Breadetaer
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### "Rusting Out" - How to find the rate of corrosion

Hi!
I am also doing the "rusting out" experiment, but with a few add-ins of my own.
My experiment is going to be testing the effect of household acids and bases on the rate of corrosion.
However, I am confused on the temperature thing as well. So, after we let the steel wool sit in the substance for a short period of time, we take it out and check its temperature and divide that by the time it took to get the rate of corrosion? or do we take its temperature before and after we submerge it and divide that by the time?

Thanks!

PS: Do bases really have any affect on the rate of corrosion? And how can I relate this to a real world application? (Maybe it can help people make their steel materials work after rusting over?)

SciB
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Occupation: Retired molecular biologist, university researcher and teacher

### Re: "Rusting Out" - How to find the rate of corrosion

Hi,

Your questions sound like they might better be answered on the Physical Sciences forum, but I'll take a stab at them since I am a chemist as well as a biologist.

I read the instructions for the corrosion project and you need to record the temperature before you do the experiment so you know what the degree of change is after the steel wool is exposed to a solution: https://www.sciencebuddies.org/science- ... #procedure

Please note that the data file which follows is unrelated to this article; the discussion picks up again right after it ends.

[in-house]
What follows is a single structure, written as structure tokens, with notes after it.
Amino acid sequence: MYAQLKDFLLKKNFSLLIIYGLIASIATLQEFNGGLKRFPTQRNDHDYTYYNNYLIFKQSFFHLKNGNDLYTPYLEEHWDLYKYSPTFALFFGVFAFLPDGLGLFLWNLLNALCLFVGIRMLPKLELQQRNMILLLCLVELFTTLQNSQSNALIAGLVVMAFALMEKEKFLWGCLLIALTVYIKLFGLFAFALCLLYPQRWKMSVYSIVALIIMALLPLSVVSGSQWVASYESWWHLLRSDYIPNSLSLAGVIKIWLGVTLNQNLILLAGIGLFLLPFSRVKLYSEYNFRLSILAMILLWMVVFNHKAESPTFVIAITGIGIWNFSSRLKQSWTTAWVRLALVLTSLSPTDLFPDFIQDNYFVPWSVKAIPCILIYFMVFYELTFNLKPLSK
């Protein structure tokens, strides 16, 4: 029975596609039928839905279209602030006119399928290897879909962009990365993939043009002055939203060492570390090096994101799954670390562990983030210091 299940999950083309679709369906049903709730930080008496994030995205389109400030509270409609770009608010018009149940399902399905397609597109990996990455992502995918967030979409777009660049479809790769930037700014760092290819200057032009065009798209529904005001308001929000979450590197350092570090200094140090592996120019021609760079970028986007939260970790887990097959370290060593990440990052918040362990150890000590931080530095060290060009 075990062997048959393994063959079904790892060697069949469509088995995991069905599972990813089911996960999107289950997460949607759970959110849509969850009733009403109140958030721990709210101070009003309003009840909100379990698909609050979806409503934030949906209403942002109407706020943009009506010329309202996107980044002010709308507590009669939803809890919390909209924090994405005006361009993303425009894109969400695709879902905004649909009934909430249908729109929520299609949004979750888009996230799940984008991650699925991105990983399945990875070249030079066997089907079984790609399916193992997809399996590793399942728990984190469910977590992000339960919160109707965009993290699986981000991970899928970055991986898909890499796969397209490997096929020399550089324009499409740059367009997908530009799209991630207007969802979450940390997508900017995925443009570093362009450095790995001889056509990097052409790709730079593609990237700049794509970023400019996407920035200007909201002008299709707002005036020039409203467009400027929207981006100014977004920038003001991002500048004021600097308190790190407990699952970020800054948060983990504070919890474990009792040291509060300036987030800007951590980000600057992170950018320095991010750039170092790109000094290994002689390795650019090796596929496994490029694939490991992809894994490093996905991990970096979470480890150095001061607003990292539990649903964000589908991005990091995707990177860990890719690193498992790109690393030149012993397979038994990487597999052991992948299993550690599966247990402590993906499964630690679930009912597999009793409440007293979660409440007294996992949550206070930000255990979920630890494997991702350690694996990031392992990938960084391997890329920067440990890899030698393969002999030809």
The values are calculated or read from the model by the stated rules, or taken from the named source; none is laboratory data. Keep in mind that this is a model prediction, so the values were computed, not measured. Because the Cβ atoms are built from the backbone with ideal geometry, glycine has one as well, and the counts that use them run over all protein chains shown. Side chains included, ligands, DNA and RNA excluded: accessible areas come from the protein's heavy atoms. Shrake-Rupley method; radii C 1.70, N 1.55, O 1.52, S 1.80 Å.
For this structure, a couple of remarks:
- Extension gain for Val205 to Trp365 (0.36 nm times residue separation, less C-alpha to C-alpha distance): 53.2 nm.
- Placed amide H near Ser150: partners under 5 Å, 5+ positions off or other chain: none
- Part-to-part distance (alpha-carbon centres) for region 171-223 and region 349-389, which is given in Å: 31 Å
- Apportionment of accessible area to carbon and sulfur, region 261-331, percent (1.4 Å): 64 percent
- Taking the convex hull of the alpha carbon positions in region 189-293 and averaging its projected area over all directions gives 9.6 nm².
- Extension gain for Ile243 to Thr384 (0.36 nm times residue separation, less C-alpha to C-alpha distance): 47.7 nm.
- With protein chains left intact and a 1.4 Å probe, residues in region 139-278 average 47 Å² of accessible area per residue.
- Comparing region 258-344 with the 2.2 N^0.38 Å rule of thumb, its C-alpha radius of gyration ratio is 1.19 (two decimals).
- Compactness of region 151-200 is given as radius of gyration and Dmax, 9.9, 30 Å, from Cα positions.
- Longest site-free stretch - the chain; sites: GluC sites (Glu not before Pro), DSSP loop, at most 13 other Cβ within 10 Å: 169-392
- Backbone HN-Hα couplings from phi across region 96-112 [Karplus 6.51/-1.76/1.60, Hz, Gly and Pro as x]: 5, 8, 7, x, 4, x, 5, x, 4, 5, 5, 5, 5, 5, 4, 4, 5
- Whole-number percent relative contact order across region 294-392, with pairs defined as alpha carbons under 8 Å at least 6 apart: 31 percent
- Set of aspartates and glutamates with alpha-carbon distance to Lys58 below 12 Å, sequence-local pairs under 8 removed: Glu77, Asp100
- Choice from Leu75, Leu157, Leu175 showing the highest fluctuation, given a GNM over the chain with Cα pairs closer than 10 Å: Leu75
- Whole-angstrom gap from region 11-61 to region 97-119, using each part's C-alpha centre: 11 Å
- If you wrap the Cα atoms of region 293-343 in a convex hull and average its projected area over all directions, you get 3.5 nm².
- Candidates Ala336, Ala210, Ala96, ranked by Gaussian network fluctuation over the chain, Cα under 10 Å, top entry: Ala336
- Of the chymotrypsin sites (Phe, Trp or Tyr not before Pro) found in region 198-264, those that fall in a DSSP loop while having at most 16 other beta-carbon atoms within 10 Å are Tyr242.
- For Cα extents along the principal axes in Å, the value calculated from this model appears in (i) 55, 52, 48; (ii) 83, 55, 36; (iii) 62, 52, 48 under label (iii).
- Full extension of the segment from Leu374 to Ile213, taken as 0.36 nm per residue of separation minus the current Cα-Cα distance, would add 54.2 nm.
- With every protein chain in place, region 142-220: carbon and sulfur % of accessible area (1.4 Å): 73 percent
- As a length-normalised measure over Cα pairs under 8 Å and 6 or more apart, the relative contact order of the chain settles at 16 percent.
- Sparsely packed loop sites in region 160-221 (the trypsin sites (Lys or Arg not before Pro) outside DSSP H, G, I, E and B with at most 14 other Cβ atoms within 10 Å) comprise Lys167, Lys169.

Testing Your Rain Models

Have your thin kitchen towel and plastic cup nearby.
Thread the rubber stopper onto the thermometer probe, as shown on the right side of Figure 4.
Place the rubber stopper, with its attached probe, inside the test tube. Record the temperature of the thermometer in your lab notebook. This will be your temperature at "time equals zero."

The rate of the reaction would be the change in temperature over the time interval, but according to the procedure, the temperatures are simply plotted against time. The temperature you record at the beginning of the experiment is your zero time-point on the x-axis. If you use a graphing program to plot the temperature results you can have it calculate the slope of each line. The greater the slope, the faster the reaction.

As to your last question about the effects of pH >7.0, basic solutions on iron--there's no reaction that I can recall. But, since acids promote oxidation I would guess that creating a basic environment might reduce the rate of rusting. I can't see how you would do that, however, since rain is acidic. Preventing exposure of the iron to oxygen with paint or oil seems to be the best method for now. I know if I don't keep my tools oiled they rust very quickly.

Hope this answers your question. You could try posting it on the Phys Sciences forum if you haven't done that already.

Sybee

Moderator: I've moved this topic to the Physical Sciences forum. Thanks!

Breadetaer
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Joined: Sat Oct 14, 2017 10:38 am
Occupation: Student